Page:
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Haninah ben Ahi R. Joshua

From Wikipedia, the free encyclopedia

Hanina(h) ben Ahi Rabbi Joshua (Hebrew: חנינא בן אחי רבי יהושע‎), or Hananiah ben Ahi Rabbi Joshua (Hebrew: חנניה בן אחי רבי יהושע‎), meaning 'Haninah/Hananiah son of the brother of Rabbi Yehoshua' was a Jewish Tanna sage of the third generation.[1] Unlike many other Tannaitic sages, he is not recognized by his father's name, but rather with his uncle's name, R. Joshua ben Hananiah. He does not appear on the Mishnah at all. Sometimes he is recorded in baraitas as merely Hananiah,[2] which can lead to confusion with Hananiah ben Akavia.


He was a contemporary of Judah ben Bathyra, Matteya ben Heresh, and Jonathan.[3] Who his father was is not stated; nor is anything known of his early years. He was named after his grandfather, Hananiah. He acquired his Torah knowledge from his uncle R. Joshua ben Hananiah (from whom he received his cognomen), and witnessed his uncle's activities on the Sanhedrin of Yavne.

In the days of Gamaliel II he once ventured to give a decision, for which he was summoned before Gamaliel; but his uncle, by reporting that he himself had given Hananiah the decision, mollified Gamaliel.[4] It was probably about that time that Hananiah fell in with some sectarians at Capernaum. To remove him from their influence his uncle advised him to leave the country, which he did, emigrating to Babylonia, where he opened a school that eventually acquired great fame.[5] He returned to his native country with ritualistic decisions which had been communicated to him by a Babylonian scholar, and which he submitted to his uncle.[6]

After the failure of the Bar Kokhba revolt, and the death of Rabbi Akiva and R. Judah ben Baba, Haninah survived to remain the greatest scholar sage of the generation ("Gadol") in the Land of Israel.[citation needed] But following the persecution that accompanied the Bar Kochba rebellion, he again emigrated to Babylonia, settling at Nehar-Peḳod.[7]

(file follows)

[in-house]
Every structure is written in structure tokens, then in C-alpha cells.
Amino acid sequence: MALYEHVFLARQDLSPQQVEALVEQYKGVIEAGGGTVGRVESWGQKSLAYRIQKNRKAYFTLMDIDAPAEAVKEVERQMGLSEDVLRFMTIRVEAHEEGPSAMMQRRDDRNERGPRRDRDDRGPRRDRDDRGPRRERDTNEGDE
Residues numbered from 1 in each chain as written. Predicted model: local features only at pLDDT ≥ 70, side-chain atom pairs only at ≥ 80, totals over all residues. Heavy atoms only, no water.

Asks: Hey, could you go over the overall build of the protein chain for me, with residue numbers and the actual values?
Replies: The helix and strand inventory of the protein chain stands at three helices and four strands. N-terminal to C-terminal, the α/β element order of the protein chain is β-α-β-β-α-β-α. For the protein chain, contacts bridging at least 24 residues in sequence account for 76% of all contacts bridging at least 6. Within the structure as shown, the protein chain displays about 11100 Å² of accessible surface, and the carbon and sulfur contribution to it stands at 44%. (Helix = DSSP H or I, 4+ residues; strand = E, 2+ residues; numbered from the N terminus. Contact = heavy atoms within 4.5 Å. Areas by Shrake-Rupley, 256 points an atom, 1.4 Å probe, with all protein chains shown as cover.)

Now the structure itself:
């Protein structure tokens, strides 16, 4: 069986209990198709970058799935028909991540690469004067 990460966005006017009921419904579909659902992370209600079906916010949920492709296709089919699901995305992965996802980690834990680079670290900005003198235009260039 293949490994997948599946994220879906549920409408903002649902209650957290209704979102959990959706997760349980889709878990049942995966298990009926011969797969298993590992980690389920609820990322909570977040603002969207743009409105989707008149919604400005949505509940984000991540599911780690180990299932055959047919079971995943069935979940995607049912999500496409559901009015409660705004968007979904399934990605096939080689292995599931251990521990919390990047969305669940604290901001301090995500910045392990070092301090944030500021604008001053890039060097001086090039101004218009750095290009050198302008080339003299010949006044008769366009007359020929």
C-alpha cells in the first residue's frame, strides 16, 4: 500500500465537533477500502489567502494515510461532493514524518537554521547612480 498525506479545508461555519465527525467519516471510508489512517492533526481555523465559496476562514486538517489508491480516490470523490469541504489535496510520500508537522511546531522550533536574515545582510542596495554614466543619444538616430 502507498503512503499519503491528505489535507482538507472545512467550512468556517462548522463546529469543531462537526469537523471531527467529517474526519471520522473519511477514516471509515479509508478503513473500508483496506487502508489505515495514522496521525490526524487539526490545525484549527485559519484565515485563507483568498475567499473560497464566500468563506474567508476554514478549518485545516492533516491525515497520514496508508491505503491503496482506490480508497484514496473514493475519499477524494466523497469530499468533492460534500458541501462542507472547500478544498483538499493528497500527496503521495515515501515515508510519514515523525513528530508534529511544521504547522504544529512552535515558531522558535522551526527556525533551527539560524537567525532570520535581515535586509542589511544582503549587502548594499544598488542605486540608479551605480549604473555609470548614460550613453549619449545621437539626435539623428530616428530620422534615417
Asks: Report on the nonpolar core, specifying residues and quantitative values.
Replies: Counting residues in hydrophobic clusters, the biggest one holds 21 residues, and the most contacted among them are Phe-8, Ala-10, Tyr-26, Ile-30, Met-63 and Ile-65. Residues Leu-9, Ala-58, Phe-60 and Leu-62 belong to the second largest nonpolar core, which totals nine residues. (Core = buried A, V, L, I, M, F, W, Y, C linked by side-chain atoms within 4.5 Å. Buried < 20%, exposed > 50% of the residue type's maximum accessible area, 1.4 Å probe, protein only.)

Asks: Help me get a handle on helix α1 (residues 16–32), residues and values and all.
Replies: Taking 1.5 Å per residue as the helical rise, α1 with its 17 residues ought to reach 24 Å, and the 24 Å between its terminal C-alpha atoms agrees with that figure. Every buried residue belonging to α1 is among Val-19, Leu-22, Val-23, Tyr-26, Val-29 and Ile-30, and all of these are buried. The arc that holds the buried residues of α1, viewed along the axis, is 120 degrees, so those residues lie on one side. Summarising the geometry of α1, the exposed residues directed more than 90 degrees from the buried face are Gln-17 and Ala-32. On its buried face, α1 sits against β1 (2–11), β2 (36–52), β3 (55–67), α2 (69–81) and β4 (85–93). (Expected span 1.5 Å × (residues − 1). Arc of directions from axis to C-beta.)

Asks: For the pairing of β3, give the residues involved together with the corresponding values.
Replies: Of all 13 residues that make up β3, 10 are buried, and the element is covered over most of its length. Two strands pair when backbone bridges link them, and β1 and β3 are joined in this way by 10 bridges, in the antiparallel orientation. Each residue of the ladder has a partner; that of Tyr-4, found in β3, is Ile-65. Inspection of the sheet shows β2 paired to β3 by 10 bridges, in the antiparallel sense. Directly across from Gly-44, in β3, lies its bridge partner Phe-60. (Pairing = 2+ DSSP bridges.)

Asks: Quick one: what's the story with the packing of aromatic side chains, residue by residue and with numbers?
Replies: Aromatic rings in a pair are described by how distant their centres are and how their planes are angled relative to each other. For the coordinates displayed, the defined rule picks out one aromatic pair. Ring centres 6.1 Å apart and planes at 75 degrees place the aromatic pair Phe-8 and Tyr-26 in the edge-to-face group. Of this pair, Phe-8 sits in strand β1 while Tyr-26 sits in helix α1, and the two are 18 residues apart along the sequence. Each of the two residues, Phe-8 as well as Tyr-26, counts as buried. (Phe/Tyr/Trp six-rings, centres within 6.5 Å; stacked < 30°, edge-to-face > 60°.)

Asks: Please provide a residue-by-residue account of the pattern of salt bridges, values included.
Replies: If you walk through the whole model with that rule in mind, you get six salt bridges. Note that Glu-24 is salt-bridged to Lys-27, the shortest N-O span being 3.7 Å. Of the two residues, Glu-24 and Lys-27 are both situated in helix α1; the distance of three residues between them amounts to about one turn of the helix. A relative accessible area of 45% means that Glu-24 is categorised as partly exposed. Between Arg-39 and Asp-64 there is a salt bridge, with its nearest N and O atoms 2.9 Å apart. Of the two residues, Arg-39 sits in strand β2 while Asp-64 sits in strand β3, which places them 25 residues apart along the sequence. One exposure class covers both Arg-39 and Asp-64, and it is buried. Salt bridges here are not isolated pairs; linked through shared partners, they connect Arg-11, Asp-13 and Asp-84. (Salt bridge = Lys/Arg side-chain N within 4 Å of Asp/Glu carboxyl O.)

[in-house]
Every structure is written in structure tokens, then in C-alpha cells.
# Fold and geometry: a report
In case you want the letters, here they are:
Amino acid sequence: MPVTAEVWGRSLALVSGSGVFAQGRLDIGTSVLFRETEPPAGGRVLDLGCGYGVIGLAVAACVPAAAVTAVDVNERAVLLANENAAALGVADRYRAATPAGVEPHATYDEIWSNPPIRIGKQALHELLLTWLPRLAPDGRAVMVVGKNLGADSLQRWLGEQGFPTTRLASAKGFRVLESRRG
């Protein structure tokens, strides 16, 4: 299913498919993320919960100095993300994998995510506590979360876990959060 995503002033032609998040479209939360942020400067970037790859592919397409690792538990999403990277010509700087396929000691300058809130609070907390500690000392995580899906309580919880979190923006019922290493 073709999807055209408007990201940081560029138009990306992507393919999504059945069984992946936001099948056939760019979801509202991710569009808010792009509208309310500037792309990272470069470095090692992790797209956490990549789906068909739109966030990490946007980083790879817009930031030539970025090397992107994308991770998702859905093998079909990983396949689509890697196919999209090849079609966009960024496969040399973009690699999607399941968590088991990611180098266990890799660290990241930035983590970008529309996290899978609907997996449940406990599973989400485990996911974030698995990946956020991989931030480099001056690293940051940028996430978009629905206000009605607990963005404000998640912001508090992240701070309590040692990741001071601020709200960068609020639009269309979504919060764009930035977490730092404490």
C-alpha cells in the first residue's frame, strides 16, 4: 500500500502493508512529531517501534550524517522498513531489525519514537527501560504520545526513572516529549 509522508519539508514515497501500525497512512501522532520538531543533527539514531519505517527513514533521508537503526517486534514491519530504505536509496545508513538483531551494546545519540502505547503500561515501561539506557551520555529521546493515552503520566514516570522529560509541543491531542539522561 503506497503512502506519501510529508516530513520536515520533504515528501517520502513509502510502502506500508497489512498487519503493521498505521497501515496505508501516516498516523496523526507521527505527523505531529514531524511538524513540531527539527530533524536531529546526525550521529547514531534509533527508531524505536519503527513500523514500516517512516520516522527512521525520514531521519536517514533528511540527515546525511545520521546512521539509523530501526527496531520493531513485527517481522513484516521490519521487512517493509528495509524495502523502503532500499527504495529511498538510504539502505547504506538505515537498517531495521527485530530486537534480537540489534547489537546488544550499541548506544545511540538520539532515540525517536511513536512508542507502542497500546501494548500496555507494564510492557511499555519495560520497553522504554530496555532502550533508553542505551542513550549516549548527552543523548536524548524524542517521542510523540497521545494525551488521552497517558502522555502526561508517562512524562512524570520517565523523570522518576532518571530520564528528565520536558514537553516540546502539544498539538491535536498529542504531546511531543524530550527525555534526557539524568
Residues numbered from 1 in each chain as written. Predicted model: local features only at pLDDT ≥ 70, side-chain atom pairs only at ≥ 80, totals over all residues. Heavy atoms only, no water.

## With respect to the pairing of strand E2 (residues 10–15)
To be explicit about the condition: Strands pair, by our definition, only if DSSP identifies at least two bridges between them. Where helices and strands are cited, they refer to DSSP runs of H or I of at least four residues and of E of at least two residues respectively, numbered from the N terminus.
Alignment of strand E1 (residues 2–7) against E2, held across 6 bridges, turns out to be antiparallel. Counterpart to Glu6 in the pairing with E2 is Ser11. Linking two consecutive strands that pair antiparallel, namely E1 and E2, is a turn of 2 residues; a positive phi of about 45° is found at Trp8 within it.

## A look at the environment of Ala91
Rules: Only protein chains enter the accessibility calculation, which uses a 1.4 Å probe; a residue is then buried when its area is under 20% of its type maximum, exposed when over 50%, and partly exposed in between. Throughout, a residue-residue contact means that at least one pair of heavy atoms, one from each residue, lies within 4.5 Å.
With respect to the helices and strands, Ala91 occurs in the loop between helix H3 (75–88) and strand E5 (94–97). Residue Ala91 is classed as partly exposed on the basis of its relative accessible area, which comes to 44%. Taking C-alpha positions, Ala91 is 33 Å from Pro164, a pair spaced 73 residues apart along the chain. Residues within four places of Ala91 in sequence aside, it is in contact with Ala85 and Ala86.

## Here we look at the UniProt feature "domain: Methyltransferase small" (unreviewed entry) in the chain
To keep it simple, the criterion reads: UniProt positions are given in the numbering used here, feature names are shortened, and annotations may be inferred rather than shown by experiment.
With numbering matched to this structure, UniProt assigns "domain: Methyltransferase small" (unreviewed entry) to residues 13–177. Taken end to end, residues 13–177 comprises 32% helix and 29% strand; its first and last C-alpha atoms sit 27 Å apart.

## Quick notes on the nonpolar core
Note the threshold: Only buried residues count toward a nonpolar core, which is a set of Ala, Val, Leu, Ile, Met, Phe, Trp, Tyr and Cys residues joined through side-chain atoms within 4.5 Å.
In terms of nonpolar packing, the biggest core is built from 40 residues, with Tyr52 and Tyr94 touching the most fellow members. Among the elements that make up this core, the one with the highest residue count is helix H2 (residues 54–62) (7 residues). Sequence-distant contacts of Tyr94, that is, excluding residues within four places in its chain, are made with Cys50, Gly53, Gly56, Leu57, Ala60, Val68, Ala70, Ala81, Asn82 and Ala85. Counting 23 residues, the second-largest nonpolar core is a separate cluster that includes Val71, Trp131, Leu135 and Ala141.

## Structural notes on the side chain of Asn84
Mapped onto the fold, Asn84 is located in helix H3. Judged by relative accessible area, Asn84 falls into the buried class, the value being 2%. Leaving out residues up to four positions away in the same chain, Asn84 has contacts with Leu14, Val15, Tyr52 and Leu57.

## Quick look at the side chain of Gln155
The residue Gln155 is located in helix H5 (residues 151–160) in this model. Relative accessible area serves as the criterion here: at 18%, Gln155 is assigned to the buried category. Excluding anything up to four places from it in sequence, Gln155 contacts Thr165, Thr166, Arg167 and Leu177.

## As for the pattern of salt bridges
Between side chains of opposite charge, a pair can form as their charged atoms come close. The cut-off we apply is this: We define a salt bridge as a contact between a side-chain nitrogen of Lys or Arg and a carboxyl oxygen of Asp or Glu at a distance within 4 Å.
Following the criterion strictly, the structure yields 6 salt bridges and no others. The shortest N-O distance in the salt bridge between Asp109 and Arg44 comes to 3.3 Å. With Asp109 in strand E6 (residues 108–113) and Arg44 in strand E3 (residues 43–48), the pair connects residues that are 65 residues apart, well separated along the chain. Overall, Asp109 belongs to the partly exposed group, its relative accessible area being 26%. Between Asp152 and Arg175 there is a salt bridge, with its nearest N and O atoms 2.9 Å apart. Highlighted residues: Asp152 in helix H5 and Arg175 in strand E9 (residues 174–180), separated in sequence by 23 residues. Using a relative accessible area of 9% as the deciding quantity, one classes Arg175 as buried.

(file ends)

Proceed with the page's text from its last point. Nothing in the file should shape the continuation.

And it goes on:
Hananiah's arrival in Babylonia threatened to produce a schism with far-reaching consequences: it created a movement toward the secession of the Babylonian congregations from the central authority of the Palestinian Sanhedrin. Believing that Roman tyranny had permanently suppressed the religious institutions which had previously united the Jewish people despite its dispersion, Hananiah attempted to establish an authoritative body in his new home. To render the Babylonian schools independent of Palestine, he arranged a calendar fixing the Jewish festivals and bissextile years on the principles that prevailed in Palestine. In the meantime, however, Hadrian's death had brought about a favorable change in Judea. In March, 139 or 140, a message arrived from Rome announcing the repeal of the Hadrianic decrees;[8] soon thereafter the surviving rabbis, especially the disciples of Akiva, convened at Usha, and reorganized the Sanhedrin with Simeon ben Gamliel II as president.[9] They sought to reestablish the central authority, and naturally would not tolerate any rivals. Messengers were therefore dispatched to Nehar-Peḳod, instructed to urge Hananiah to acknowledge the authority of the parent Sanhedrin.